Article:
Bringing It Back To The Farm
Zero waste is an ambitious enough goal, but the payoff from urban composting can be even bigger. There is the possibility of closing the loop by making cities part of the natural cycle, by producing enough compost for large-scale agricultural use. And then there are the environmental benefits of using organic compost instead of synthetic fertilizers, including better soil quality, less soil erosion and less nitrogen and phosphorous pollution in water bodies due to runoff from fields.
Turning urban trash into compost follows the way nature works, using waste materials to fertilize plants and enrich the soil. Compost-rich soil is dramatically different from soils depleted by decades of chemical inputs, and its potential can move strong men to poetry. It contains the nutrients and microbes that make up the rich humus needed to raise healthy crops. Recology’s San Francisco Mix is bought by area farmers, who can choose from several different varieties depending on the crops they’re planting, or even ask for custom-made compost.
Commercial farms have also discovered the hard way that soil fertility declines even with heavy chemical inputs. Fertilizer inputs reach the point of diminishing returns in a few years, and the depleted soil is also more prone to erosion by air and water. Commercial farms already have to bring in compost needs to restore soil quality and maintain crop yields. Using locally-produced compost closes the loop on a societal scale, turning waste into nutrition in a manner that mimics natural processes.
Large-scale urban composting could potentially transform the chemical dependence of American agriculture, by supplying enough rich, natural compost to support organic farming nationwide. Transitioning to natural compost instead of synthetic fertilizers will produce food that is healthier; it will also cut down on air and water pollution.
Supporting Organic Agriculture
Skeptics who question the viability of organic agriculture can look at the long-running study at the Rodale Institute that compares agricultural outputs using organic versus conventional methods. Its findings include the following: crop yields are comparable within five years of going organic; organic agriculture yields are 40% higher under drought conditions; organic systems produce 40% lower carbon emissions than conventional systems; and organic inputs don’t leave behind harmful chemicals in the soil, air and water.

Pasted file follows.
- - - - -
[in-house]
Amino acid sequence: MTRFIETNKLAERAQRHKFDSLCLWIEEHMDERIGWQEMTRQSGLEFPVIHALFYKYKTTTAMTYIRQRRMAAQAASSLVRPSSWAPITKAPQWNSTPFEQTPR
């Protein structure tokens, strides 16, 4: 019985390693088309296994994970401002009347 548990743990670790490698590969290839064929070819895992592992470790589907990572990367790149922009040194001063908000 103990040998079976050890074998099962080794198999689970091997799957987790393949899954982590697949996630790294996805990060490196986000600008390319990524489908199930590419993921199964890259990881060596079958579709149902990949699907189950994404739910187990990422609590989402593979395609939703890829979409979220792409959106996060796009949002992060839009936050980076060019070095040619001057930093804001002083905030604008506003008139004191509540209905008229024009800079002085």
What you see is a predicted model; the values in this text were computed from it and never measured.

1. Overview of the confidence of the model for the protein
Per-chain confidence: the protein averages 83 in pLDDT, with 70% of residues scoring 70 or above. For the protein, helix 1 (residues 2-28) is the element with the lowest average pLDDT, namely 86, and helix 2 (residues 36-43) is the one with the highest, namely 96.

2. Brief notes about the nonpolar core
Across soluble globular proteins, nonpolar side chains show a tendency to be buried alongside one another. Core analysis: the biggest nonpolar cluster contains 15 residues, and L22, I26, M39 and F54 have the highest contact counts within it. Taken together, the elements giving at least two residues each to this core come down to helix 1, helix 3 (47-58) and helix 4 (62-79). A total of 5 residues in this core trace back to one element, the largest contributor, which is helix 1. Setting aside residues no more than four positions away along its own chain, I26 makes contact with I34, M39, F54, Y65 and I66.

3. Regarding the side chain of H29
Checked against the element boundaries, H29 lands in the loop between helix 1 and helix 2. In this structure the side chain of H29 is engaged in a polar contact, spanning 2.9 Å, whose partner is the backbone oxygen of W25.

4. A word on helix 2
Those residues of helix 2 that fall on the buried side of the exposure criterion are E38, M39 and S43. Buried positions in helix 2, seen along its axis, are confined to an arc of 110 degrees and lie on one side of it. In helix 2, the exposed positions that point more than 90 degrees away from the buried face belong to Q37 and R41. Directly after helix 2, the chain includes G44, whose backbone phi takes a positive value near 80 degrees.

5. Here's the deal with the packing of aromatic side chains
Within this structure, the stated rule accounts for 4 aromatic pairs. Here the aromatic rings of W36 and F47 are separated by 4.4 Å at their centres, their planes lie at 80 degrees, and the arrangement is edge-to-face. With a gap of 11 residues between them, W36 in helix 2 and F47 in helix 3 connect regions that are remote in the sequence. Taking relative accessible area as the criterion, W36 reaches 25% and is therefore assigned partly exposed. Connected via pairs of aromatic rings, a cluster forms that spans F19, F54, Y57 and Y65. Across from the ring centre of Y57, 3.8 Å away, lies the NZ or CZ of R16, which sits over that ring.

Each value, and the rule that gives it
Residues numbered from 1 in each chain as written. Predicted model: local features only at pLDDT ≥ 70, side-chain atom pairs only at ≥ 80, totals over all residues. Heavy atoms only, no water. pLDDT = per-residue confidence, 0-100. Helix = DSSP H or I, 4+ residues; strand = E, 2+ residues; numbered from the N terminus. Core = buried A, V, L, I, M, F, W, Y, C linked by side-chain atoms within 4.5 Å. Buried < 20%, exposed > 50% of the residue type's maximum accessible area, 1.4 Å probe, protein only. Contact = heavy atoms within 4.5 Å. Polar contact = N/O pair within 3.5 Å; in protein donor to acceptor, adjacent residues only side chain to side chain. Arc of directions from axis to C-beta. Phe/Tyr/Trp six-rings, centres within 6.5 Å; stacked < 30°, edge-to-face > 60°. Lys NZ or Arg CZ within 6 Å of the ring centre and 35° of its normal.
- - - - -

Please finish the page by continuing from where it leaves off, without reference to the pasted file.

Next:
Better soil health results in better water retention in the soil, and less runoff into water bodies. This helps to reduce the problem of excess nitrogen and phosphorous from fertilizer ending up in water bodies and producing algae blooms – some of which can be toxic – and eventually dead zones. Using compost actually reverses the cycle of air pollution as well, by fixing excess nitrogen and carbon in the soil, removing them from the atmosphere. The Rodale Institute study found that when combined with cover crops, just one acre of land under compost made from urban scraps can pull 12,000 pounds of carbon out of the air and into the soil in a single year.
Why Doesn’t My City Compost?
With so many benefits from urban composting, there’s just one more question left to ask, and it’s the obvious one. Why isn’t everyone doing it? As of 2019, a US PIRG report counts 150 locations in 16 states that have some kind of urban composting programs. So what about the rest?
Setting up large-scale composting pick-up and processing systems can be expensive and requires commitment of resources, people and land. Local governments can be slow to learn and clunky to move. However, a number of startups and waste management companies have also started their own urban composting pick up programs, which operate on a smaller scale than municipal composting. There may be one near you. And if there isn’t, what a great idea for a start-up!